U.S. Dairy Sustainability Winners Announced

6/15/2013 7:00 AM

ROSEMONT, Ill. — The Innovation Center for U.S. Dairy has announced the winners of the second annual U.S. Dairy Sustainability Awards on April 23 at a special ceremony in Washington, D.C.

The program recognizes dairy farms and businesses of all sizes for practices that advance the industry’s commitment to healthy products, healthy communities and a healthy planet.

The winners were selected based on results that delivered triple-bottom-line results to advance economic, environmental and social sustainability.

An independent panel of judges also assessed the potential for adoption by others, as well as demonstrated learning, innovation and improvement.

“This year’s winners include dairy farms and businesses from across the country who took steps to reduce their environmental impact, improve their profitability and increase their contribution to a sustainable 21st century food system,” said Molly Jahn, professor of genetics and agronomy at University of Wisconsin-Madison and a member of the judges panel.

The 2013 U.S. Dairy Sustainability Awards Winners include:

Outstanding Dairy Farm Sustainability

Petersen Dairy Farm, Appleton, Wis.: Compost is sold at the dairy by the 5-gallon pail or truckload, primarily to home gardeners. Visitors witness firsthand how their old newspapers are recycled as bedding for the cows, or mixed with manure, composted and ultimately returned to their gardens for use as mulch and to their yards for plant food.

Prairieland Dairy, Firth, Neb.: Sustainable design is reflected in every aspect of the facilities, which were built to be efficient and low-impact while maximizing cow comfort — automatic cooling, waste management and pest control systems. Prairieland Dairy also taps into the natural power of wind, gravity and the geothermal properties of well water to reduce the use of energy, water and equipment, for savings estimated at more than $200,000.

Skyridge Farms, Sunnyside, Wash.: Since 2003, they have improved lighting, added occupancy sensors and installed a programmable logic control system. The management team can automatically control lighting, fans, and soaker and flush systems. By doing so, they maintain optimum performance, reduce costs and keep the herd comfortable. This upgrade alone yields a 20 percent energy savings annually across the five freestall barns. With composting, Skyridge Farms harvests manure nutrients, provides quality bedding for the herd and eliminates 600 truckloads annually previously used to transport manure.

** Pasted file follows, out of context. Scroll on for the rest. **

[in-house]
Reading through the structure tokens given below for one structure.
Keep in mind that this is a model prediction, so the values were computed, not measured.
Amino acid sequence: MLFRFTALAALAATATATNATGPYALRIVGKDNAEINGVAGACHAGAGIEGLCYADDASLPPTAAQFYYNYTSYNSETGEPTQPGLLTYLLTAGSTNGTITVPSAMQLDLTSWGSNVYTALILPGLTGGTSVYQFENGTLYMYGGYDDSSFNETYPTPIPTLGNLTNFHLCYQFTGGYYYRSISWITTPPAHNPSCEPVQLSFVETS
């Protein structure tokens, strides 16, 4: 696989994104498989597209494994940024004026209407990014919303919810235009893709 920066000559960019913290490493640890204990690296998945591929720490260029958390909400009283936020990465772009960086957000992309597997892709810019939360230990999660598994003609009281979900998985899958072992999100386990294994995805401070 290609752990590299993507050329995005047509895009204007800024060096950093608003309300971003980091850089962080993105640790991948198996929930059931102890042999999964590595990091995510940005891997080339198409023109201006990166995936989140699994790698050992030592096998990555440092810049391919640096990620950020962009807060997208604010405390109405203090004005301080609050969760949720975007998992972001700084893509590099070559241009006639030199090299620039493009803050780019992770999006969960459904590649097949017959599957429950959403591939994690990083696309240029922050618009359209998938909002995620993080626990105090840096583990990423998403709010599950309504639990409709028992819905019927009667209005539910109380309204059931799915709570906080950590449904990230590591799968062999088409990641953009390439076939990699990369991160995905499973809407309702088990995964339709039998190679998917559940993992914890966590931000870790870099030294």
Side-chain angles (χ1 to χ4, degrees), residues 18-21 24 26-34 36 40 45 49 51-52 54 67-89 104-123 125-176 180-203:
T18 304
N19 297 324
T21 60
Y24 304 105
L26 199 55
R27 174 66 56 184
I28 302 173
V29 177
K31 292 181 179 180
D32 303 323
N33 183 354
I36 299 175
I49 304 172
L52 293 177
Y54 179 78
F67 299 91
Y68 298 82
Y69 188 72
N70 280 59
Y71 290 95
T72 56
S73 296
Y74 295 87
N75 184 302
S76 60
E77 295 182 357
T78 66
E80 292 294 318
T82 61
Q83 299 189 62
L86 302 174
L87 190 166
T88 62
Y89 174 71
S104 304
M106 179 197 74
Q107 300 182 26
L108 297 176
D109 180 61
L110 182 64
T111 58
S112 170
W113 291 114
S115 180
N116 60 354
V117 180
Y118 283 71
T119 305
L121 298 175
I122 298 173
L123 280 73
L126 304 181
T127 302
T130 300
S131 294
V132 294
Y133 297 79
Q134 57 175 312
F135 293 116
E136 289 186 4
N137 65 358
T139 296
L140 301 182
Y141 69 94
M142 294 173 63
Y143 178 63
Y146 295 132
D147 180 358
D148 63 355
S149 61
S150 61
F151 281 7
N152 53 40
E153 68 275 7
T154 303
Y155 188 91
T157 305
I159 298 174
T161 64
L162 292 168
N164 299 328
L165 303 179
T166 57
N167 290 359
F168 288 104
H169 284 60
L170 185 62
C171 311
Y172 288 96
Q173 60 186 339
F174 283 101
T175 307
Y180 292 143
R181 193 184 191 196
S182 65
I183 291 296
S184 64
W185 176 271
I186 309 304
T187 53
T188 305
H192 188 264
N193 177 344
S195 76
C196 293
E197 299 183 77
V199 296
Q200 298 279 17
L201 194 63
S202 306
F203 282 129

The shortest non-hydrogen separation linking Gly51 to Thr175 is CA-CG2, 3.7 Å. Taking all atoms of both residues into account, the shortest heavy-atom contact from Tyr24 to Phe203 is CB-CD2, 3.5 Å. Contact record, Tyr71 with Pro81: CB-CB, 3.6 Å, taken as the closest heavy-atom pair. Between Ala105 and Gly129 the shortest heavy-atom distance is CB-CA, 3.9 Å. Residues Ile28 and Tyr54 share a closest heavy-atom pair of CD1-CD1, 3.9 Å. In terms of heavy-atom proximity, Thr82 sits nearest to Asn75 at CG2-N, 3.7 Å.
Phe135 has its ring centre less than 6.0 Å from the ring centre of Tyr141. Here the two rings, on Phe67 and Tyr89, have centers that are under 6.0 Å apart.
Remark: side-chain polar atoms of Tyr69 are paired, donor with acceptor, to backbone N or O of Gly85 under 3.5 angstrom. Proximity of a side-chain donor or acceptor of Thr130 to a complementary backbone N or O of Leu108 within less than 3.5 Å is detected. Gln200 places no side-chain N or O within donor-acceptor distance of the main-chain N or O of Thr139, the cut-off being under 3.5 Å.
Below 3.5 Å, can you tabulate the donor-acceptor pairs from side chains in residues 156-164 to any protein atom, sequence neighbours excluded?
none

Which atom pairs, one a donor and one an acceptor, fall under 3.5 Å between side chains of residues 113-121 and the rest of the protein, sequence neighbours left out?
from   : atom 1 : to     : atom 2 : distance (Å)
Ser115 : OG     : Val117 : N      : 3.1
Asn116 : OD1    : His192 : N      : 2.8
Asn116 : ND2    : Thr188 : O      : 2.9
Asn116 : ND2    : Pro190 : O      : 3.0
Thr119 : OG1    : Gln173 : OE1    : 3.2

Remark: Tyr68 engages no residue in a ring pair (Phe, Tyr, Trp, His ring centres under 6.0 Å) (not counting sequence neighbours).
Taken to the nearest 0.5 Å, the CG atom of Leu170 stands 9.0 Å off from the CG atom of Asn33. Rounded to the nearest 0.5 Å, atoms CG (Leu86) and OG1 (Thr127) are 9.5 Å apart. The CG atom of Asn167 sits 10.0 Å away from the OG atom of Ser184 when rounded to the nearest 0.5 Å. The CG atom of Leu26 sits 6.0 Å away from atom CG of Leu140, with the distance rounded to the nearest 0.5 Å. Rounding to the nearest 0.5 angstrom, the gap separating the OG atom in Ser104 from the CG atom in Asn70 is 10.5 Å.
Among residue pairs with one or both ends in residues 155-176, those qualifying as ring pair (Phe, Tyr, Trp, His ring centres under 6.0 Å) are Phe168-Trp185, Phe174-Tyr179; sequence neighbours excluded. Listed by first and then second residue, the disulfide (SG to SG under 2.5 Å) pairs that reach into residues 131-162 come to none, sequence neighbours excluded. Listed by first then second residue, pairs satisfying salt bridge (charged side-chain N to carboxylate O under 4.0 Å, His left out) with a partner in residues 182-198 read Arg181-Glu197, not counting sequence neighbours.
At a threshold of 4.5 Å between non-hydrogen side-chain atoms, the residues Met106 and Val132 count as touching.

Honorable mention: McCarty Family Farms, Rexford, Kan.: The McCarty Family, owners of McCarty Family Farms, have revitalized their rural northwestern Kansas community by providing more than 100 direct jobs, creating a need for additional housing and in turn increasing school enrollment. McCarty Family Farms’ unique “cow to cup” partnership with Dannon and the addition of an on-site processing plant has improved economic stability while aggressively reducing their environmental impact. Approximately 59,400 gallons of raw milk from the three dairies is processed through an evaporator every day to remove excess water before being separated into cream and skim milk.

Outstanding Dairy Processing <\n>and Manufacturing Sustainability

Unilever, Henderson, Nev., plant: Since 2010, Unilever plants worldwide have been implementing the company’s Sustainable Living Plan — an initiative that is working to improve consumer health and well-being, to reduce environmental impact and to enhance livelihoods. The team identified an opportunity to reconfigure, automate and optimize systems to reduce electricity use by 13 percent, natural gas use by 16 percent and water consumption by more than 1.1 million gallons per year.

Outstanding Achievement in Energy Efficiency

Ballard Family Dairy and Cheese, Gooding, Idaho: An energy audit and a team of energy management experts helped identify four primary areas of savings, which included using solar thermal power for the hot water system, installing LED lighting, replacing vacuum pumps and adjusting the milk cooling process. The Ballards achieved their goals, saving $23,000 annually and reducing the dairy’s carbon footprint by 121,500 pounds per year, while decreasing its water footprint by 365,000 gallons annually.

Outstanding Achievement in Renewable Energy

Green Valley Dairy, Krakow, Wis.: The management team determined that anaerobic digesters would help manage manure nutrients and reduce odors while decreasing the dairy’s carbon footprint. Today, three anaerobic digesters have the capacity to produce 1,200 kWh of “green” electricity.

Honorable mention: Fulper Family Farmstead, Lambertville, N.J.: Fulper Family Farmstead in Lambertville, N.J., has focused on environmentally friendly activities, including soil conservation, crop rotation and farmland preservation, since the dairy’s origin in 1909.

To learn more about the U.S. Dairy Sustainability Awards, the winners and the best practices in place at their operations, visit USDairy.com/Sustainability/Awards.

Source: Innovation Center for U.S. Dairy.<\c> Supplied photo

Pictured, from left, are this year’s honorees: Dan Rice, Prairieland Dairy; Steve Ballard, Ballard Family Dairy and Cheese; Renee Jacobs, Green Valley Dairy; Kam Fierstine, Unilever; Mark Petersen, Petersen Dairy Farm; and Dan DeGroot, Skyridge Farms.

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